She played well into her illness, even when the music had stopped making sense. The sounds of the harp and the piano were calming to her, an escape to a world where everything was still making sense.
There is always music.
Out of nowhere, I have the breath knocked out of me by an overwhelming sense of missing her. I've gotten really good at going through life without her. I've perfected the art of telling myself I don't need her, that I can fix it all by myself. But this...
How happy she would be. To her it wouldn't matter that we didn't plan it, or that we're not married. She would have cried, just like Nancy did, and then taken me to the nearest store to shop baby clothes. She would probably keep one of those grandma diaries, to give to Emma once the child was born so we could see the pregnancy from a different perspective. She'd teach me all I needed to know, and she'd take my face in her hands and promise me I would be an amazing father. She'd love the child like it was her own, and I wouldn't put it past her if she'd find some work around with her job to stay close to us during both pregnancy and right after birth, so she'd know she'd be available to help at all times.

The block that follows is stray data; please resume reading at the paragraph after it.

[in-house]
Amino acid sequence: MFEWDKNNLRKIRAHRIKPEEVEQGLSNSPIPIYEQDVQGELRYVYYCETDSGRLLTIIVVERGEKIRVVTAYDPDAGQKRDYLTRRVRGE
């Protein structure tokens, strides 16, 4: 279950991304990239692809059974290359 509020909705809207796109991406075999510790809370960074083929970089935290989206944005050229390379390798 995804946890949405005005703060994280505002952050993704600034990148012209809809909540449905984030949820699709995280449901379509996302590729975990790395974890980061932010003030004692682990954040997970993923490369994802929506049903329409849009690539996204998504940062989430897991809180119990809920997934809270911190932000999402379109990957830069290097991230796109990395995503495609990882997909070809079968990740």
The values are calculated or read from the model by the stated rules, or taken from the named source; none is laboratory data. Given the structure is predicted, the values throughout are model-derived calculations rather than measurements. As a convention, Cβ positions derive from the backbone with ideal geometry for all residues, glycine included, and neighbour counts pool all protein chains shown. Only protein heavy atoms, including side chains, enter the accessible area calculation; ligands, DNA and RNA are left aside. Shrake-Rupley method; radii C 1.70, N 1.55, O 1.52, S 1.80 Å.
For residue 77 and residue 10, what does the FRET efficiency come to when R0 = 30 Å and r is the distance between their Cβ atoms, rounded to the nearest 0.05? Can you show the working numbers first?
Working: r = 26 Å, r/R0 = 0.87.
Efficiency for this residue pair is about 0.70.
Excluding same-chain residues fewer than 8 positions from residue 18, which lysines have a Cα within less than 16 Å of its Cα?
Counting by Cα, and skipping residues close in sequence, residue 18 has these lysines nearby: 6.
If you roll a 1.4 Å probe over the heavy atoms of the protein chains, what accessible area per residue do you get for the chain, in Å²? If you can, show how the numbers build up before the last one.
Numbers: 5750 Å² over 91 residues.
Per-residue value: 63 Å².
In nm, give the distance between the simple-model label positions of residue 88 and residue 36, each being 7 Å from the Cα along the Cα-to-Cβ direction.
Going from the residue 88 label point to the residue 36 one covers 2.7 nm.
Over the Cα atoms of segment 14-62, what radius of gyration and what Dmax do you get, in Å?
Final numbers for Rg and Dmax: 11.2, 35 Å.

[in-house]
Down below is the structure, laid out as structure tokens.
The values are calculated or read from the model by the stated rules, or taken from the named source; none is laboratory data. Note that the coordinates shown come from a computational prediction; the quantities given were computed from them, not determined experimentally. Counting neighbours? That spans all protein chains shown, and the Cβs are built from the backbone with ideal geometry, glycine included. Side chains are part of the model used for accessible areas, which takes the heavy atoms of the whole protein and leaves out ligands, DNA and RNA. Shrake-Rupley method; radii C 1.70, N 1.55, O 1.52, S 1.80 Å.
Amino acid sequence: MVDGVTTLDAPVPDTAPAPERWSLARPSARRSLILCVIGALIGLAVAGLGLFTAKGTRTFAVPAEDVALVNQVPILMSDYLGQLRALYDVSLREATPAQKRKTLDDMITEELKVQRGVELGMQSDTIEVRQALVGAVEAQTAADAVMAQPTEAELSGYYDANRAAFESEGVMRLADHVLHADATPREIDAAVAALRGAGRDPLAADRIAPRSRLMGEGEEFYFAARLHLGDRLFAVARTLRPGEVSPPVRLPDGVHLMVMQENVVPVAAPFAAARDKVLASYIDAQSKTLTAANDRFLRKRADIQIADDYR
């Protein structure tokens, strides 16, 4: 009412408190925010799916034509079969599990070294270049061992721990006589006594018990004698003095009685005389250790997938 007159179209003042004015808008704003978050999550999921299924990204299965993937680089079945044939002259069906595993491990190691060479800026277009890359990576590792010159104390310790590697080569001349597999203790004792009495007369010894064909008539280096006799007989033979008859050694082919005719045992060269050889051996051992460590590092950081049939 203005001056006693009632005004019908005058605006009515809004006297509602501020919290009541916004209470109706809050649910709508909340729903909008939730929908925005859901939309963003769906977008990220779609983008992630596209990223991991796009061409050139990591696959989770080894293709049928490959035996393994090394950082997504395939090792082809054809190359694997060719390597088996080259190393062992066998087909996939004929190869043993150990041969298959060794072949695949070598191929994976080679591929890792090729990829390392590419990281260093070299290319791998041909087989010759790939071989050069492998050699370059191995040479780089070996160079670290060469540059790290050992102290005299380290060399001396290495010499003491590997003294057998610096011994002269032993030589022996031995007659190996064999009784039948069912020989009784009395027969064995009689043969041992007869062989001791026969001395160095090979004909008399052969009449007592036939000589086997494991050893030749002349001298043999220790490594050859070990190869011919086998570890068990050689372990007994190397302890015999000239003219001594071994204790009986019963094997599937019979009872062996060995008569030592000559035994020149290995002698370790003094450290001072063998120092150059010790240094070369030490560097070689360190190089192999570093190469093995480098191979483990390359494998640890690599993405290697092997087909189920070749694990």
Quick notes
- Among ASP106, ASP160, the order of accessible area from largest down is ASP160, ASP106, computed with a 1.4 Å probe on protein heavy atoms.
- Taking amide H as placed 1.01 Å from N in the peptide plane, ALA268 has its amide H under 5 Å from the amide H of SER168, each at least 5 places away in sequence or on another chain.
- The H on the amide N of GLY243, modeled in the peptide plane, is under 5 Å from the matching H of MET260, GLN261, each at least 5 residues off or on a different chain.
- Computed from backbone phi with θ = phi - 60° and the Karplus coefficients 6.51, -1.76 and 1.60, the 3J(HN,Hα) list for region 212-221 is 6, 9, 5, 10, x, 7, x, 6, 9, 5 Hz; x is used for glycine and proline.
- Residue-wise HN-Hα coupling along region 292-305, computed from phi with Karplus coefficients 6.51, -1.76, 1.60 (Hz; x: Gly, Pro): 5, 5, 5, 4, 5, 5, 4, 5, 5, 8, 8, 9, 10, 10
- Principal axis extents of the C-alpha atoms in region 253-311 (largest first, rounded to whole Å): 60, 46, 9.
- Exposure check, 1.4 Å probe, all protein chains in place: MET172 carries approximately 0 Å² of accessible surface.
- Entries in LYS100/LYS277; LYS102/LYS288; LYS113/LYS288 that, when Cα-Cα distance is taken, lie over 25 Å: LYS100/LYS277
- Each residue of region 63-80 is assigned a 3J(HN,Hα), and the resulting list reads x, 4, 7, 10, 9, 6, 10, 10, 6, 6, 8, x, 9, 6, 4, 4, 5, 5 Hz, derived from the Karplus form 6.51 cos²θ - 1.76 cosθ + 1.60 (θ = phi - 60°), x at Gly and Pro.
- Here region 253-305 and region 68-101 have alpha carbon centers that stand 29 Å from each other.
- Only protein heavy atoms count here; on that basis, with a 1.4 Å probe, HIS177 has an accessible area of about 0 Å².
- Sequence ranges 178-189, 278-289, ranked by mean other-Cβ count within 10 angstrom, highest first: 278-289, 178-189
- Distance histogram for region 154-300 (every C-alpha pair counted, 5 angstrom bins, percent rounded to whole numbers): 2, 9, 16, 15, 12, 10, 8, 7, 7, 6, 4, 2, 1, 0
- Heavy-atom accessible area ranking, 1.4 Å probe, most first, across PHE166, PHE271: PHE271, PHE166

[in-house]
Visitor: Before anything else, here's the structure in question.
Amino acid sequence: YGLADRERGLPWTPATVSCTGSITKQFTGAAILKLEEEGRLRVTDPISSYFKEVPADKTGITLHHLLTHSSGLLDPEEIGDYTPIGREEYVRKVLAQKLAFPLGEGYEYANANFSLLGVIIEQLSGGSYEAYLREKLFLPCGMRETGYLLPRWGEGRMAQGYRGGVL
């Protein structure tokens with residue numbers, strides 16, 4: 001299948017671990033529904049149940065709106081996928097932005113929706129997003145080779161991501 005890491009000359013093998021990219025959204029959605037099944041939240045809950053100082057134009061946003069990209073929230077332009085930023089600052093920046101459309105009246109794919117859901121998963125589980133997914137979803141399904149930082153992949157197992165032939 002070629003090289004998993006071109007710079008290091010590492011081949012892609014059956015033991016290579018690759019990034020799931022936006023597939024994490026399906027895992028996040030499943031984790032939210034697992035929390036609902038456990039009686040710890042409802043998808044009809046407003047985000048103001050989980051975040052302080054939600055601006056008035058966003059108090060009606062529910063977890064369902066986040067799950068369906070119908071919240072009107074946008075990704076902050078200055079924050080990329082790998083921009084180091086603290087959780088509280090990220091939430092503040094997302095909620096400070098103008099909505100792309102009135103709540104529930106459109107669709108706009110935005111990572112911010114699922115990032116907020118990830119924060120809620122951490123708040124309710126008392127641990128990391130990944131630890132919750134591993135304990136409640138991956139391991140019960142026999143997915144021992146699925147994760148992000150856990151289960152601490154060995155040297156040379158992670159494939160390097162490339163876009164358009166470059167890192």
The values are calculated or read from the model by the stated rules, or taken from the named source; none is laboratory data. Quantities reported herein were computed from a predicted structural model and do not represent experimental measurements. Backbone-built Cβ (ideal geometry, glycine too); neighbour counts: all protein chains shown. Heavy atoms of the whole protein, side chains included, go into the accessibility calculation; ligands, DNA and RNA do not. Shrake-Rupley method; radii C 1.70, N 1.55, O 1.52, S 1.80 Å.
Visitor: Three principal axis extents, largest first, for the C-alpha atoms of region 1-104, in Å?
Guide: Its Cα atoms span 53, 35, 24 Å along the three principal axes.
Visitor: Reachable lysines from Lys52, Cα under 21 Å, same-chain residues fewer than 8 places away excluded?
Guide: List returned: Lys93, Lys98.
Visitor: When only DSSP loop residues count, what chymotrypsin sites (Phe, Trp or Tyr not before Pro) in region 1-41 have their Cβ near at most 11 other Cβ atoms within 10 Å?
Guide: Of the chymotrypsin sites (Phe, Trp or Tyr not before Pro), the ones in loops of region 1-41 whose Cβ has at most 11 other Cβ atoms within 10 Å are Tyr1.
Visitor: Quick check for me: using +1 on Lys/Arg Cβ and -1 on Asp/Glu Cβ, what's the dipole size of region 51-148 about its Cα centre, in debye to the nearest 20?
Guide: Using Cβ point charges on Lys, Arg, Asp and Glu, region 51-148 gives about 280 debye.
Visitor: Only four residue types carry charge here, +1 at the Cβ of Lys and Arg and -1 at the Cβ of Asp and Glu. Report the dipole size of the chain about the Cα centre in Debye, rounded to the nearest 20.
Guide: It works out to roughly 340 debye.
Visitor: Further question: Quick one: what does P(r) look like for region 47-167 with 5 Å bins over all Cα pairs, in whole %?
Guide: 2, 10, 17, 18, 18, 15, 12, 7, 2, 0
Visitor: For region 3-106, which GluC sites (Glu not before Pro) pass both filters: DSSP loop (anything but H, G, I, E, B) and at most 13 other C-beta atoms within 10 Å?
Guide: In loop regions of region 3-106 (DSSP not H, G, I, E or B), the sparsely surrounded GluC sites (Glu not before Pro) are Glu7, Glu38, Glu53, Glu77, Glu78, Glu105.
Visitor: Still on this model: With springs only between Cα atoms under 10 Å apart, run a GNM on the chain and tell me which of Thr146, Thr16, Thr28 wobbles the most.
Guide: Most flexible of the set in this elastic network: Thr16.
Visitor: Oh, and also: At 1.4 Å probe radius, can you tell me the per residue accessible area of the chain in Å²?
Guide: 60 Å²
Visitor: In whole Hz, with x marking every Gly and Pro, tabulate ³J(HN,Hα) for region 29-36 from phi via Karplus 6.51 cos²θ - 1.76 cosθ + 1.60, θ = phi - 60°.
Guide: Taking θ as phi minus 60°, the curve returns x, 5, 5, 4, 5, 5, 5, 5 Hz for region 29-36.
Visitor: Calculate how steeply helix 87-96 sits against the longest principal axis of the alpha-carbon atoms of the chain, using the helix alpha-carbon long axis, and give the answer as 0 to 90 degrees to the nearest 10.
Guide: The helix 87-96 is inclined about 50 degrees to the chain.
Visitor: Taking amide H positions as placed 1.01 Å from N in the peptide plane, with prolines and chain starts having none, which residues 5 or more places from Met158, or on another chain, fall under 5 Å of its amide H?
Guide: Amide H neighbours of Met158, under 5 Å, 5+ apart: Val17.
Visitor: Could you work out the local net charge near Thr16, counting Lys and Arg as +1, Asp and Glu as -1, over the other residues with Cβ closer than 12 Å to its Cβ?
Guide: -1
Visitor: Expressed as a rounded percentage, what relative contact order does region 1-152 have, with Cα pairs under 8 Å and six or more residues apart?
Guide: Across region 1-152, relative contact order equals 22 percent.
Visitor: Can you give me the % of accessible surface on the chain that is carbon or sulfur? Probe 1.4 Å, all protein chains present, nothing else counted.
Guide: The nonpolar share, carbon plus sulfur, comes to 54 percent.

She was made for motherhood. Even though it's been twelve years since she passed and even longer since she was who she used to be, I know that to be true. I feel hollow with how much I miss her. For the first time, I can't lie to myself that I don't need her. With the baby, with Gabriel, with the amount of uncertainty I'm facing I need her more than ever before.
Et quand le monde devenait trop, il y avait de la musique.
I don't need the sheets to the song. She played it for me so often that I know it by heart. For the first time in a few days, my head seems to quiet down, if just a little bit. There is still a lot that doesn't make any sense, but at least the music does.
Er zijn nog geen reacties.